Classroom Ethnography (related to Social Science Education) (4-2021)
This issue of JSSE is dedicated to any kind of “thick description” (Clifford Geertz) that is suitable to make regional practices of social science education in classroom visible to readers abroad. Such description of cultures of citizenship education systematically reflects subjectivity in social research and aims to evoke a sense of “being there” in the reader’s mind. Papers including direct observations of the “daily grind” of social science education in its regional context are encouraged. The aim is to promote and develop a European professional network of ethnographic research in the field of social science education and classroom.
Ethnographic description is well suited to capture the richness and complexity of social science education practices and could concentrate on current practices as well as practices in contemporary national educational traditions and histories. Such practices could include material objects (e.g. student notebooks or digital media devices), the semiotic dimension (flags, pinboards or other wall decorations), biopolitics (seating of students, rules of communication), all performative and emotional moments in classroom.
Thematic focus is strictly directed towards educational contexts, mainly in school environments of all ages, from elementary school to vocational schools. Outdoor classroom activities could be included too, such as student council practices, service learning and other activities towards democratic engagement. Descriptions of everyday social science teaching as well as special occasions such as public events like Democracy Fair, European Day, national memory days or flag ceremonies are welcomed.
Covid-19 pandemic impact on social science classroom culture under new conditions will be another focus: What is the impact of physical distance and virtual participation on topics or forms of learning? How does the meaning of the body and physicality change classroom communication during digital or hybrid learning? Who owns the material or virtual classroom and who sets the rules? What are the consequences for social and civic relationships among the students? Will a generalised virtualisation of citizenship education silence critical students or encourage them to speak up? What happens to the opportunity of informal, silent, unobserved communication among peers and of their ongoing reaction to steps, material, tasks etc. mostly predetermined by the teacher? Will learners’ opportunities for intervention and interruption, resistance and disobedience disappear or, on the contrary, increase? Will the teacher or the virtual teaching agent dispose of new techniques to make imparting the model of a good citizen smoother and more efficiently or will their efforts disappear into the void of the private cells where students are technically connected to virtual lessons without being collectively involved?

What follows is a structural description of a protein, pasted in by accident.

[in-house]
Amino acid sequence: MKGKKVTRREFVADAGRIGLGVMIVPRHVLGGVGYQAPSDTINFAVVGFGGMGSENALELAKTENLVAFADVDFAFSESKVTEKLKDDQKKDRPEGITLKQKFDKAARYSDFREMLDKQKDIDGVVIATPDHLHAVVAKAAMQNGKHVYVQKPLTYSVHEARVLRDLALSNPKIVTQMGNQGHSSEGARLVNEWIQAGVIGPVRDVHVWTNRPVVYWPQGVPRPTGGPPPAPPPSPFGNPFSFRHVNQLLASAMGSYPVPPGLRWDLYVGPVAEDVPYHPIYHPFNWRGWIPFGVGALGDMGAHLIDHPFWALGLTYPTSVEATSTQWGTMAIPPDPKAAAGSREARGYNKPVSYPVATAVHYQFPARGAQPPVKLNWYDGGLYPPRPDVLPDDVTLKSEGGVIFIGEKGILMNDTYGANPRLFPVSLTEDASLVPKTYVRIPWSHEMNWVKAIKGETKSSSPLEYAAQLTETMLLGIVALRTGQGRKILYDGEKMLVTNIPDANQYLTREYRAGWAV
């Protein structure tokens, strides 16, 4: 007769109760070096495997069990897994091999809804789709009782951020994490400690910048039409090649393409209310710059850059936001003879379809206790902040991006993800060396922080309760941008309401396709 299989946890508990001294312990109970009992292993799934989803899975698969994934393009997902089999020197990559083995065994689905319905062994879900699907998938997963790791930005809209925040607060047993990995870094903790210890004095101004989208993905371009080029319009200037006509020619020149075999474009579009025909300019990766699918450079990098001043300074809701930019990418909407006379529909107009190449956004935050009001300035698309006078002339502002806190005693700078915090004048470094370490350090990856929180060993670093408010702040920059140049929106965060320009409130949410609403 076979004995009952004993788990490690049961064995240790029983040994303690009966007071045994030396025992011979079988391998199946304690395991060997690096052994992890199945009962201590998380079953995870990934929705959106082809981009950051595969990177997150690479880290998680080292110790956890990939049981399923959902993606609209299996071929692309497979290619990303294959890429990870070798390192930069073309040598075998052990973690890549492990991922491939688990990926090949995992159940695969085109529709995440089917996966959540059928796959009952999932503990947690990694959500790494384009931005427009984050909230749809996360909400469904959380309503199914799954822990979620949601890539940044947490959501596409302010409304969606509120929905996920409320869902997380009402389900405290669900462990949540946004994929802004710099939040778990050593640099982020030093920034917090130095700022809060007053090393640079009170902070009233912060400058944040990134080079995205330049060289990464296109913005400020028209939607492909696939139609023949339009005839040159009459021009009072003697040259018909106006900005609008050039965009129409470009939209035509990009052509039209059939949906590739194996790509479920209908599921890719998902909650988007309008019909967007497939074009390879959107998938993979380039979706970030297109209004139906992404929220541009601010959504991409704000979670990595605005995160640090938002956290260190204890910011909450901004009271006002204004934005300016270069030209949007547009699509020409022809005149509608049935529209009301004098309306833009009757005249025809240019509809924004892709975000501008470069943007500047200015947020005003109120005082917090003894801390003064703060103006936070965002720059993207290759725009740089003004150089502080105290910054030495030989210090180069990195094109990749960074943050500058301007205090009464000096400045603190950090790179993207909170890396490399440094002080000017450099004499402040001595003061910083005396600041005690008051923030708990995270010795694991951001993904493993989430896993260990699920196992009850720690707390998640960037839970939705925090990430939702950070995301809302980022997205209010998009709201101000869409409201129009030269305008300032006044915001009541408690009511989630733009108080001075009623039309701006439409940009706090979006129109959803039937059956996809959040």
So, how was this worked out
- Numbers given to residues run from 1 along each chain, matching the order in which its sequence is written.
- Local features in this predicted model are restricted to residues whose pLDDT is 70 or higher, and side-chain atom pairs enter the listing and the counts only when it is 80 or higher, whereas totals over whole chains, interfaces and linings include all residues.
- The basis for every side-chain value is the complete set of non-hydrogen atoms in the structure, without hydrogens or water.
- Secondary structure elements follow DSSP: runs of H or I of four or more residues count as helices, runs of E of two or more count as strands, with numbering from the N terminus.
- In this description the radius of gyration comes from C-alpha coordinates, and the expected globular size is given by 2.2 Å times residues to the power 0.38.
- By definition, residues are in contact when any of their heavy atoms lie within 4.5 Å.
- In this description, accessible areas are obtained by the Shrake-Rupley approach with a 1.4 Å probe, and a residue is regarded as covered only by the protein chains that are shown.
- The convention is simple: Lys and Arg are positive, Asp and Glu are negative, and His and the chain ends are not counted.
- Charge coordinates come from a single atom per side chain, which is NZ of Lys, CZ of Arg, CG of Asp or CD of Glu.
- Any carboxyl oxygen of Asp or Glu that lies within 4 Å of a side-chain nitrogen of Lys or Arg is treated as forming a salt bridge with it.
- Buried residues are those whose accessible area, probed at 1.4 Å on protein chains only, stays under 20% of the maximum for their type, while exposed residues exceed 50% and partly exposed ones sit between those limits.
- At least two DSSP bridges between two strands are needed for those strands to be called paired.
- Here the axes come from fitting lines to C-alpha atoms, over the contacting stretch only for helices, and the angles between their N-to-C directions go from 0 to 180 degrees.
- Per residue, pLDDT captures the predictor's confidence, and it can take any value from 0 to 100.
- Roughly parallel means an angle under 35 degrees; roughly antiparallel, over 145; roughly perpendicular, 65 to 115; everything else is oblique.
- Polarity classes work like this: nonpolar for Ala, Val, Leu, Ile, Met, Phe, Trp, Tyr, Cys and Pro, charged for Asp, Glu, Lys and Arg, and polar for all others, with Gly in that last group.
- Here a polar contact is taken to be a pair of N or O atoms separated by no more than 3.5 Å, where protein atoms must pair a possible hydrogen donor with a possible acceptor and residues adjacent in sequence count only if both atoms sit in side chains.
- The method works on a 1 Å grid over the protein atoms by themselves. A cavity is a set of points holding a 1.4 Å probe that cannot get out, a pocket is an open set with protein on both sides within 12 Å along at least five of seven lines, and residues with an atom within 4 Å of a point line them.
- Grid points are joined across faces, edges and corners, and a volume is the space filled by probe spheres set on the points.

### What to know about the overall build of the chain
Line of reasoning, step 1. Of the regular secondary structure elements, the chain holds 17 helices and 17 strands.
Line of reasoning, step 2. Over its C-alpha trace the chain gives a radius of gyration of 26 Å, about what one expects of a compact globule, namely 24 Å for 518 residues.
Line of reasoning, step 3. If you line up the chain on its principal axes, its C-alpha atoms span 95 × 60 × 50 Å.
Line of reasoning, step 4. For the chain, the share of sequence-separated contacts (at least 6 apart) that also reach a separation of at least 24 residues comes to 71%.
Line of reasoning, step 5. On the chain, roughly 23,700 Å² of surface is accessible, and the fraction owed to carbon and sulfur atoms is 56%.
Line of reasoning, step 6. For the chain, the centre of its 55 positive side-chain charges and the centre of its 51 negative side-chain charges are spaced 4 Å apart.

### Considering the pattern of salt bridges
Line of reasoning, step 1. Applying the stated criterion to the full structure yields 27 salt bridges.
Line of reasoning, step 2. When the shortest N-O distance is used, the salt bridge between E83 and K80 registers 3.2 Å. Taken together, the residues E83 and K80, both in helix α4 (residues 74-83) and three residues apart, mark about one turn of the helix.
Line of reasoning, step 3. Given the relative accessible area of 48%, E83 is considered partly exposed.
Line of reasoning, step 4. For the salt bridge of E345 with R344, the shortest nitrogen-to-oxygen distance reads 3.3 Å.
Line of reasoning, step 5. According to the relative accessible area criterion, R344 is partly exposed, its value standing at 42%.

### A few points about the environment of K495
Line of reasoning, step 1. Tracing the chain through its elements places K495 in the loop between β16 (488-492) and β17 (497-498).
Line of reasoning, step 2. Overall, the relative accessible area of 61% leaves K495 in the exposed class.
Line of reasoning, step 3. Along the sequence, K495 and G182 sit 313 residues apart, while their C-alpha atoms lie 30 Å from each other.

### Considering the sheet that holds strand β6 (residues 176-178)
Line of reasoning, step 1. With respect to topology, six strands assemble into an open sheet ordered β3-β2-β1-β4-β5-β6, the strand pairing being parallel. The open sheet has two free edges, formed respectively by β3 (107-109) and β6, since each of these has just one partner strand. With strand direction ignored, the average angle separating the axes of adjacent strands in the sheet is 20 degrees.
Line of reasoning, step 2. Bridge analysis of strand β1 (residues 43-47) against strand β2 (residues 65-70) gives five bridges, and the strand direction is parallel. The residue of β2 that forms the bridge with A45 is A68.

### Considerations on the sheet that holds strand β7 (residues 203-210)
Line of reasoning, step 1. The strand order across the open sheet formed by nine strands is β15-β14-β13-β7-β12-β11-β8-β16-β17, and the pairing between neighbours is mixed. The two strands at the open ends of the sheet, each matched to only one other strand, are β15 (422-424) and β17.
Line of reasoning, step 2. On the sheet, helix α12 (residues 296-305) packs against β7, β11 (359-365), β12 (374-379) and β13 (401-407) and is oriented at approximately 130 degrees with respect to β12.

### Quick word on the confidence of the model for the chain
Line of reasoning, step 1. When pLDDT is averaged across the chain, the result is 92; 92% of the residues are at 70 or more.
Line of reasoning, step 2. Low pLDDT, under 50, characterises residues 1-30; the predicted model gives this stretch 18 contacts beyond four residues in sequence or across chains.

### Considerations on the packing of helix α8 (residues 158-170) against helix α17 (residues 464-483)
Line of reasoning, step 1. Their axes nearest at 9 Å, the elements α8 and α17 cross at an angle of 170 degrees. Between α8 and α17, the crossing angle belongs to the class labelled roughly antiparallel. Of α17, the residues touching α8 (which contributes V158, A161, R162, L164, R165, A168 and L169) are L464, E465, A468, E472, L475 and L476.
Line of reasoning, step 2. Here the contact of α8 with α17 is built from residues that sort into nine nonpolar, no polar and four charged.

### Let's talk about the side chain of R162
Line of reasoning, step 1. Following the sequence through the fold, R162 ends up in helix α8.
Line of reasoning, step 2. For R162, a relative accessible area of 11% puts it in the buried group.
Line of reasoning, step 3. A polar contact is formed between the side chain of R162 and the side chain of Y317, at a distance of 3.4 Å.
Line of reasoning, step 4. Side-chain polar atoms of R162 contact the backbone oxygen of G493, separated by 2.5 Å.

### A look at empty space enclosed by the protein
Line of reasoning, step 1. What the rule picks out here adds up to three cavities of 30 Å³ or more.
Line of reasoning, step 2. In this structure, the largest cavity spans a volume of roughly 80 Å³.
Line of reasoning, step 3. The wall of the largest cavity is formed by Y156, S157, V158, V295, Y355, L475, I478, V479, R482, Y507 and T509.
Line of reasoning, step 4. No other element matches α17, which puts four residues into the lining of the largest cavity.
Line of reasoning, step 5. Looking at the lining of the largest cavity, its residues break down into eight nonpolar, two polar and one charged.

Research methods could include all types of ethnographic documentation, like portrait of single student or teacher, pictorial analysis (compare JSSE 2014-1), discourse analysis, just to name a few.
Please feel free to outplay the possibilities of digital publishing: integrate visual documents of textbooks, teacher or student notes, stills or screen shots, video or audio clips with commentaries from teachers and students. The goal is to create a vivid and multi-perspective image of citizenship education cultures around Europe.
Peer review criteria - theory and research orientation; interdisciplinary approach, internationalism, originality, quality standards* - will be sensitively adapted to the methodological purpose of this issue. For example, “internationalism” within this issue is fully met by the “national” and “typical” single case.
Language policy: Besides English, bi-lingual publishing (English and other regional European language) is highly welcome. Divergent from the usual JSSE rules, meaningful documents already published in a regional language can be reprinted and made accessible for a global English audience.
Katarina Blennow, Lund University, Sweden
Hana Cervinkova, National University of Ireland Maynooth, Ireland
Tilman Grammes, Universität Hamburg, Germany
If you consider to submit a paper, please contact in advance:
The following schedule will be used:
First submission by authors to editors: 20 May 2021
Response to authors by editors: 31 July 2021
Final submission from authors: 15 September 2021
Final reviewing and papers ready for layout: 15 November 2021
Publication: 15 December 2021
All authors are kindly asked to follow the editorial guidelines of JSSE.